Excursion Into Philosophy by Edward Hopper
Excursion Into Philosophy
Edward Hopper, 1959

Light continues to fascinate Hopper in the paintings he made during the last fifteen years of this life. From Cape Cod Morning (1950) to Seawatchers and Morning Sun (1952) to Sunlight in Cafeteria (1958), Excursion into Philosophy (1959), Second Story Sunlight (1960), People in the Sun (1960), A Woman in the Sun (1961), and finally Sun in an Empty Room (1963), Hopper concerns himself with people who sit, stand, and wait in full sunlight or in rooms where abstract shapes of light are as visible on the walls as on the floors. In his later years Hopper regarded light as an important element that at times becomes a prosaic form of spirituality (the sunworshippers in People in the Sun) and sexuality (the story of the Christian Annunciation or the Greco-Roman tale of Zeus appearing to Danae in a ray of gold coins that seems to inform High Noon, Morning Sun, and A Woman in the Sun).

Excursion into Philosophy suggests still another approach to light. In the ledgers, Jo [Hopper's wife] recorded cryptically, "The open book is Plato, re-read too late," leaving one to consider the dilemma puzzling this man who stares into an almost abstract patch of light on the floor. The woman beside him seems to be a modern, young, and very sexy muse as well as the man's lover. And the reference to Plato makes one wonder if the man is contemplating the meaning of reality and abstraction, which was certainly important to Hopper, who by the 1950s had been subjected to many statements by abstract artists about the role light played in their work. Since Plato praised the realm of ideas as the ultimate form of reality and relegated physical manifestations of them to a lower realm, the man in the painting seems to be questioning the idea of light versus an actual beam of it and the idea of beauty versus the presence of the voluptuous female on the bed beside him. One wonders if Hopper has attempted to condense the question of light, which occurs in so many of his works, into the Platonic argument. In his story about Socrates and the cave, Plato compares works of art to the shadows cast by ordinary objects that in themselves are only pale reflections of the true reality which is the realm of ideas. And in Excursion into Philosophy Hopper counters Plato's mere shadows with a block of light which pictures itself and which symbolizes the potential of understanding (illumination).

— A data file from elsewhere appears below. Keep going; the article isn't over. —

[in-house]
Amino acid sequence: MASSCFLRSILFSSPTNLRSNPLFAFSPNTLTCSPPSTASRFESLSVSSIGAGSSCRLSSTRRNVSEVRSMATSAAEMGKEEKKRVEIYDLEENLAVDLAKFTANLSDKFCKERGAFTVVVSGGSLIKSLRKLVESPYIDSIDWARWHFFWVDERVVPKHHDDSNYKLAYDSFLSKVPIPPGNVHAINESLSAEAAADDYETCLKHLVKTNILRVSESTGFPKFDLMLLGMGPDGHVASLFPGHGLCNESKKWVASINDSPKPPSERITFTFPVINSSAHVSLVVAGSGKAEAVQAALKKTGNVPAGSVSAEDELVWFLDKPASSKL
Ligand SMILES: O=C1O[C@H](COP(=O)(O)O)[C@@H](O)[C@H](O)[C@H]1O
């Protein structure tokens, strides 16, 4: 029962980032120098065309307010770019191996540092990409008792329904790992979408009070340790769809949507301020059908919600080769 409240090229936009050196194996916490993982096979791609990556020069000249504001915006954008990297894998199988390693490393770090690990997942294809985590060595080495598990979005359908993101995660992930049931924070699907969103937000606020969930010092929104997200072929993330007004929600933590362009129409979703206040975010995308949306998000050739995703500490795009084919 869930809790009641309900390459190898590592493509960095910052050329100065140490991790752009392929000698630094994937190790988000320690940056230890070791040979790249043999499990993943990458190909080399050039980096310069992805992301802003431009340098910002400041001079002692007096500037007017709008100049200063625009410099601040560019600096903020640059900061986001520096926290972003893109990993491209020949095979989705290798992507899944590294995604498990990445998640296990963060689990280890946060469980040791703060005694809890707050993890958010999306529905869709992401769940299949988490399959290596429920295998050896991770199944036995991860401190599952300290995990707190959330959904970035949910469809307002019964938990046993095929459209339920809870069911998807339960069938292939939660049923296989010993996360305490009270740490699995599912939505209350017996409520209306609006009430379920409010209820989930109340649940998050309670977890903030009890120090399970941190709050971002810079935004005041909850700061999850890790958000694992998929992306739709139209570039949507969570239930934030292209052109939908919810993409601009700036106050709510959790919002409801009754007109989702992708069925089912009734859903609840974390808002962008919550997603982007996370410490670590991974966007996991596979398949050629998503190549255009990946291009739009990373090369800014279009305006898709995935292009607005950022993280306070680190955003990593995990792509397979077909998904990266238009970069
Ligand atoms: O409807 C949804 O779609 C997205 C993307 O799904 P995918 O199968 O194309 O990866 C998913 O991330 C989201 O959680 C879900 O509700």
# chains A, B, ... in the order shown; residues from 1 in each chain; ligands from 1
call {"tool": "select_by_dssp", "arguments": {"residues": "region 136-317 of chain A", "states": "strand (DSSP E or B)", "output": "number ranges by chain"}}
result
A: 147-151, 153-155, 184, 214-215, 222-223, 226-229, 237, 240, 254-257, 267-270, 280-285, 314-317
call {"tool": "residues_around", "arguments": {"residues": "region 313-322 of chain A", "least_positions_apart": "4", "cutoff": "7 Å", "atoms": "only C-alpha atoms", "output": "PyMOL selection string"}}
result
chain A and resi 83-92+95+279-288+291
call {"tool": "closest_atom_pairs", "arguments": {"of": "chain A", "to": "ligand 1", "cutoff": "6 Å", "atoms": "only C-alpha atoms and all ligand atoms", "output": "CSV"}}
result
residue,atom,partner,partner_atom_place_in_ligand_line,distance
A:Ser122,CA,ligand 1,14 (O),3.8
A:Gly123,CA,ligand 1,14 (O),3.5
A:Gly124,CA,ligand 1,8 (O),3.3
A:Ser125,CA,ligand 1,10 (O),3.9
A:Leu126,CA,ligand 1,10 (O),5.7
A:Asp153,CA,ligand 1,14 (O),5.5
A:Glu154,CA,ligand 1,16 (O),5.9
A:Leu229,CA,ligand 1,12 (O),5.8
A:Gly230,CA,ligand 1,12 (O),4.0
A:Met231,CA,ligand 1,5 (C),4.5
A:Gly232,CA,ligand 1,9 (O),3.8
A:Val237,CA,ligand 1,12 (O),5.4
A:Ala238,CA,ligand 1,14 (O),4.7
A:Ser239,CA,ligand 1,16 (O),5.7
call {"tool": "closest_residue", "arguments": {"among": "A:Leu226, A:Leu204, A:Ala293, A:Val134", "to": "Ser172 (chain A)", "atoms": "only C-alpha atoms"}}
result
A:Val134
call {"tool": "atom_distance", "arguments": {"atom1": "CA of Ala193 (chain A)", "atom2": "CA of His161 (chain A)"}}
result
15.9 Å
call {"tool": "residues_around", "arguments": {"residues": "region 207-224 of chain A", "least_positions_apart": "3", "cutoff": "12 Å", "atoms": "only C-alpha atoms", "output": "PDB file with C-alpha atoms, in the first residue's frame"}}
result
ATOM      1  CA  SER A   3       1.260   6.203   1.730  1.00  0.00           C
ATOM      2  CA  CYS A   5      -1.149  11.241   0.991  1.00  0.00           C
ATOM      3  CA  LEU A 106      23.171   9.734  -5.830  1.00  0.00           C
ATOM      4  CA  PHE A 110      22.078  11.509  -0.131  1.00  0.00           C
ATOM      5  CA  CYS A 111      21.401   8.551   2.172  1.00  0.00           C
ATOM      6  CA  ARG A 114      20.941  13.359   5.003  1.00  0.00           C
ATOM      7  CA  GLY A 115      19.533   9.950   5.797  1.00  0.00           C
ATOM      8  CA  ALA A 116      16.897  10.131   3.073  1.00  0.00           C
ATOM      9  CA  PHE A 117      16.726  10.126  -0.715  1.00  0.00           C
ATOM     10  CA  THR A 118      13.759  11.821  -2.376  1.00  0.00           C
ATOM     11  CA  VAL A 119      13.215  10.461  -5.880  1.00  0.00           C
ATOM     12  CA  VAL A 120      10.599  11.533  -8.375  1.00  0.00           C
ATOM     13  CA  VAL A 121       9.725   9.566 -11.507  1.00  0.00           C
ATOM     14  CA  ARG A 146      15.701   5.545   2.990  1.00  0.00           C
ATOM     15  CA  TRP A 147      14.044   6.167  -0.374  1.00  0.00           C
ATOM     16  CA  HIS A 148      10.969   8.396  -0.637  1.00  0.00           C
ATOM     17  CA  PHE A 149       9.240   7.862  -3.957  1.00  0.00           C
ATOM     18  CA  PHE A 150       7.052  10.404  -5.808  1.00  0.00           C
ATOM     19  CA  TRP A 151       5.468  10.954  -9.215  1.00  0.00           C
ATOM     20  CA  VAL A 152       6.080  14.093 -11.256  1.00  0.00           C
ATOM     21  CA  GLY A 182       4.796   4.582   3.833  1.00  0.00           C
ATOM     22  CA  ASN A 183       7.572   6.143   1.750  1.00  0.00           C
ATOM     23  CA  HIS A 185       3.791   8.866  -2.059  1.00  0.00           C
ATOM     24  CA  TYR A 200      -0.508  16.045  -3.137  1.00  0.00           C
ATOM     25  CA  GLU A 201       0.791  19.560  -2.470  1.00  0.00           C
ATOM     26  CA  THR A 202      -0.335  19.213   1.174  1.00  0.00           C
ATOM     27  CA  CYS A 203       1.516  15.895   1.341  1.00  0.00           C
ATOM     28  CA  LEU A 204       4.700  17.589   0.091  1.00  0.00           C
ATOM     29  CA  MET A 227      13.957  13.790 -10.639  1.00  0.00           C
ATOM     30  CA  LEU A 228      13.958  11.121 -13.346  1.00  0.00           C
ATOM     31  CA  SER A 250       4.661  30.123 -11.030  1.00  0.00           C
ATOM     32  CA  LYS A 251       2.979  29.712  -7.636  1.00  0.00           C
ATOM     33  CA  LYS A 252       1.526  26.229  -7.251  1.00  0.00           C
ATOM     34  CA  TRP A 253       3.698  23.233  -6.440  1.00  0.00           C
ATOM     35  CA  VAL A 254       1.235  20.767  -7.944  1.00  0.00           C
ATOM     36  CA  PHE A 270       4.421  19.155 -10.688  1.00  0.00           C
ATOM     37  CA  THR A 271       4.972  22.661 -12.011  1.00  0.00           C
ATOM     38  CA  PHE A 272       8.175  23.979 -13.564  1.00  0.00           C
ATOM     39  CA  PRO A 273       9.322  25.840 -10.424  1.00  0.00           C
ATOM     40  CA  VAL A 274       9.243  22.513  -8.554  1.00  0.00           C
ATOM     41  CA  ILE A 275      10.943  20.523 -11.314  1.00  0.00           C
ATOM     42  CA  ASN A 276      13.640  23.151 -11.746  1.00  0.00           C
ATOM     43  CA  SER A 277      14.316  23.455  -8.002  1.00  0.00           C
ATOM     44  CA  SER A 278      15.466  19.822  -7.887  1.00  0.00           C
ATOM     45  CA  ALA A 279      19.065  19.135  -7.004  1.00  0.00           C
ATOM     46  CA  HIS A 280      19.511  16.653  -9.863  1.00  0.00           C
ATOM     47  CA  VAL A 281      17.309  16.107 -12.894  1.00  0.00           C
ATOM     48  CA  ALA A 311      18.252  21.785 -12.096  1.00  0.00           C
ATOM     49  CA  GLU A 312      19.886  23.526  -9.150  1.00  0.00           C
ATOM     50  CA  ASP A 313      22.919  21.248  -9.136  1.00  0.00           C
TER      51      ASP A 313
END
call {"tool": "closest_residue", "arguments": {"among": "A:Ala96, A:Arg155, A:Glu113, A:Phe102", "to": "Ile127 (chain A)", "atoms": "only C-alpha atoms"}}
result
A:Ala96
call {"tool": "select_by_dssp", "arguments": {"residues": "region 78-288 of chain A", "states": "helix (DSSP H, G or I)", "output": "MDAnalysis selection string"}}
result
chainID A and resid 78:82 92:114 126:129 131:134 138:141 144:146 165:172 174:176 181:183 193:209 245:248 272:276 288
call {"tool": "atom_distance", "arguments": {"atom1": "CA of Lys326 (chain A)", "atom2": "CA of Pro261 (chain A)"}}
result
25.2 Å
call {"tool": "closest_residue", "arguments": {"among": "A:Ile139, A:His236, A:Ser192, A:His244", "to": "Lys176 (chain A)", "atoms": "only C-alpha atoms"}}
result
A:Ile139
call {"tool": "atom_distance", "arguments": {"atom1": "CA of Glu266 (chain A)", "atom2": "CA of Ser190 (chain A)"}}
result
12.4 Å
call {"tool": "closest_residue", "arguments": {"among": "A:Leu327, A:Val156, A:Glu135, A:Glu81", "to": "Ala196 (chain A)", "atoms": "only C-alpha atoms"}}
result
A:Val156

—from Edward Hopper, by Robert Hobbs